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The Problem With ‘Skinfolk Passes’ For Predators

flickr/Ted Eytan

Justice for sexual abuse victims is not ‘lynching.’

Since last week I’ve been wondering one thing: Can Black people stop giving out Skinfolk Passes to people who behave horrifically? And in particular, to predatory men?

Within the African-American community, “skinfolk” refers to other Black people — those who share your racial background. Ostensibly we share a bittersweet bond that comes from having common experiences as marginalized people.

But in the wake of the Cosby verdict and the movement to #MuteRKelly, some people have used racial solidarity to justify giving these men an absolute pardon for their actions — excusing them based on little more than the fact that they’re Black.

Due Process Is Needed For Sexual Harassment Accusations — But For Whom?

Recently, a stunning verdict was announced: Bill Cosby was found guilty on three counts of aggravated indecent assault, an unfortunately rare conviction. Apart from a few news clips, I didn’t pay any attention to people’s reactions. Yet through the magic of social media, I found a video about the case from author and speaker Dr. Boyce Watkins: “Bill Cosby is being publicly lynched, but this Black woman is who you all will be afraid to hear.”

The first part of the title stopped me cold.

Some people have used racial solidarity to justify giving these men an absolute pardon for their actions. Click To Tweet

In his video, Dr. Watkins featured a YouTuber who expressed a point of view that he supported: Because of racism and inequities in the justice system, Black people are disproportionately charged for crimes and given harsher sentences than their white counterparts. It’s an argument multiple studies have supported. However, he used this evidence to draw the conclusion that, because of this imbalance, Mr. Cosby doesn’t deserve the punishment that he received.

Bill Cosby isn’t the only person people like Dr. Watkins are defending. Last Monday, the Time’s Up movement declared its support of women of color and #MuteRKelly — a campaign calling for the end of the music industry’s support of Robert “R” Kelly, an artist who has faced multiple allegations of predatory behavior throughout his career, particularly against underage Black girls.

No, Youth Is Never An Excuse For Sexual Assault

In light of Time’s Up’s stance, Kelly shared a statement which included the following words:

“We will vigorously resist this attempted public lynching of a black man who has made extraordinary contributions to [African-American] culture.”

Overall, I’m disgusted. But I’m also confused. Why are these men and their supporters so committed to saying that they’re being “lynched” or otherwise persecuted?

Via Twitter

In his video, Dr. Watkins made a point of recalling that lynching victims were unjustly executed for imaginary crimes, while their white attackers literally got away with murder. Therefore, according to him, as it was then, so it must be now — the Black men in question are always innocent victims of a white conspiracy.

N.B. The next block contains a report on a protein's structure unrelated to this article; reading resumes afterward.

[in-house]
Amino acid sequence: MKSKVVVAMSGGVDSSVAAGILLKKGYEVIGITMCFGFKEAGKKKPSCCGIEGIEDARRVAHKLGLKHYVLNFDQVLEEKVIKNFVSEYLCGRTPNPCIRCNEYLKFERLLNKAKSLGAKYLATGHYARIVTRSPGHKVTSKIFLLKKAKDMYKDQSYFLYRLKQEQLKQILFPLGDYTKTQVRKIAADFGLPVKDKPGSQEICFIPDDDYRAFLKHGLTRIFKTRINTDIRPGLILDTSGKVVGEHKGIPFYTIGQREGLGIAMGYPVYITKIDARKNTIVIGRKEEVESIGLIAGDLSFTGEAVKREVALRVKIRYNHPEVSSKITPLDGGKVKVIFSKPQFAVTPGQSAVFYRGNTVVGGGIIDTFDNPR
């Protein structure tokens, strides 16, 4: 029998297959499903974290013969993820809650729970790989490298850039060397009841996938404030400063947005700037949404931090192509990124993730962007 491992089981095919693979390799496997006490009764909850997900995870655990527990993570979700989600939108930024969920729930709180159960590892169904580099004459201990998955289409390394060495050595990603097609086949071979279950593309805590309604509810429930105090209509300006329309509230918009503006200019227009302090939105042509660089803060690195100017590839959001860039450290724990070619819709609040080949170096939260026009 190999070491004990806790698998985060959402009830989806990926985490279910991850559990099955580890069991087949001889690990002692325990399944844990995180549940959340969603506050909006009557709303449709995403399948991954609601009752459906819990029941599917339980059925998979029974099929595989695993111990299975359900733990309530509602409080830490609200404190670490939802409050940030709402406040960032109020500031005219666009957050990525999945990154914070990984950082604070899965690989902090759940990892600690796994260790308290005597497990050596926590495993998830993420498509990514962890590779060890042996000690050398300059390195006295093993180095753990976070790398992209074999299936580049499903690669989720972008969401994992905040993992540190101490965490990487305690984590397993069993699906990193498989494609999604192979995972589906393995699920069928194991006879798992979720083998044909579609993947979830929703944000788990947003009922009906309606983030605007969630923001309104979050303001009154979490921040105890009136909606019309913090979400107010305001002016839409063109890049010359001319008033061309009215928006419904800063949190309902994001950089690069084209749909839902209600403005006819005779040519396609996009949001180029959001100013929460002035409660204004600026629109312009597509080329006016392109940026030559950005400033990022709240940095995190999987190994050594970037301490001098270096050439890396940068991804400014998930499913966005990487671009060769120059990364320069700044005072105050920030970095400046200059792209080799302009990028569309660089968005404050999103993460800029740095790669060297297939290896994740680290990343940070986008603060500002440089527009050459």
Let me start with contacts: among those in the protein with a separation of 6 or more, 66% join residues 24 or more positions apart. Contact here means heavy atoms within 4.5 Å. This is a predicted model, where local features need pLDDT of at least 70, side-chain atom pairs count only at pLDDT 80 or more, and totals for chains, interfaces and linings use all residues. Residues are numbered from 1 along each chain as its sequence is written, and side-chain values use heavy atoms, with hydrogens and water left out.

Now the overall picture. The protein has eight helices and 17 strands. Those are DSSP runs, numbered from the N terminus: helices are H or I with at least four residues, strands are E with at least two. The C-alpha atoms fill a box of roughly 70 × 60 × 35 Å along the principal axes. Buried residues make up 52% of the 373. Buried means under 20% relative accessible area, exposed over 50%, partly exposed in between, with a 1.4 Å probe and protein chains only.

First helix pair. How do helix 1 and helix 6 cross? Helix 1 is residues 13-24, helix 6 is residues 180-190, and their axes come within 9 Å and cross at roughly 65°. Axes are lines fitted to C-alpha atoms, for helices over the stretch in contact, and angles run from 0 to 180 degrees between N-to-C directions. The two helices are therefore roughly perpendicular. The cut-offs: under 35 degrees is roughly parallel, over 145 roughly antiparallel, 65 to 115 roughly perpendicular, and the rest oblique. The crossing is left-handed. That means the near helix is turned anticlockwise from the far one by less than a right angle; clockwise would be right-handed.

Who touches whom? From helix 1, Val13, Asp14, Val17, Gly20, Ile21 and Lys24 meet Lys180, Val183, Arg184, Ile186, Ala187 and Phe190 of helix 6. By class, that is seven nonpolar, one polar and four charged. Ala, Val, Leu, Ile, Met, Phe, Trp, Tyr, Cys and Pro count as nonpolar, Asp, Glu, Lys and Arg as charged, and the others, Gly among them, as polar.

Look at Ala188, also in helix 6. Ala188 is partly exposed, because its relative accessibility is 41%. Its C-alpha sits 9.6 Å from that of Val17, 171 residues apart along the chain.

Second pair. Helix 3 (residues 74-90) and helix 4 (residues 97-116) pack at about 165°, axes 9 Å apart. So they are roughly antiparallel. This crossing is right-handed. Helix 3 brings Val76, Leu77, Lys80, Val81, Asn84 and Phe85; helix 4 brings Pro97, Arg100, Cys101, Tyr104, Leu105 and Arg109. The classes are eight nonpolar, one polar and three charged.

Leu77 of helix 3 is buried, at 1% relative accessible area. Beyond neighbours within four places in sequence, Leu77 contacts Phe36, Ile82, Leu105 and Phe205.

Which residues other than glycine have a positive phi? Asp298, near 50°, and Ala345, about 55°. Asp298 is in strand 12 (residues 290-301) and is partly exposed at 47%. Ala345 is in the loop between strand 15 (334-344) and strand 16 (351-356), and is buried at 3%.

That would make sense, if it weren’t for the fact that Mr. Cosby was held accountable according to the law. He was tried via due process — not malicious rumors. And although many of Mr. Cosby’s victims were white, Mr. Kelly’s are not. What’s the reason behind claiming “lynching” in his defense? In both cases, the evidence is there, and to compare the actions of a man (or one’s own actions), to innocent men and women being brutally murdered? That’s nothing more than a farce and a sign of how delusional you’ve become.

Let’s Expose The White Double Standard For ‘Playing The Race Card’

I’m at a loss when it comes to understanding why these men think it’s appropriate to use this language. I can only assume that they’re panicking — it’s probably jarring for them be dethroned after years of protected status as cultural demigods, and for their fans to see that happen to men they once idolized. In an attempt to throw their supporters a last lifeline, they’ve turned to an image that will win them as much sympathy as possible. They’ve decided to lean on the most triggering idea that they can think of — the image of a Black man being lynched. And who, in their right mind, would want to see their heroes meet such a horrible fate?

It’s true that these men are not exempt from being oppressed. However it is important to note that they are still men, susceptible to misogynistic thinking and habits.

Too often, the media overlooks positive Black role models. Therefore, it’s easy to want to get behind a gifted comedian or musician. Especially ones as widely-loved as Kelly and Cosby were. As recently as this weekend, in stories about his conviction, Bill Cosby was referred to as “America’s Dad.” Fans will likely remember that R. Kelly was the “Pied Piper of R&B” — a moniker that seems especially sinister in light of his reputation.

And I know the type of world we live in. The justice system is corrupt. The school-to-prison pipeline shows no signs of slowing down, and victims of police violence become hashtags on an almost weekly basis. Yet a person’s status as a victim of oppression shouldn’t grant them immunity from suffering the consequences of their actions. It can’t and shouldn’t absolve someone from being punished for committing acts of evil. After years of being persecuted through racism and its manifestations, we, Black people, deserve a reprieve from being endangered. But Bill and Robert aren’t it.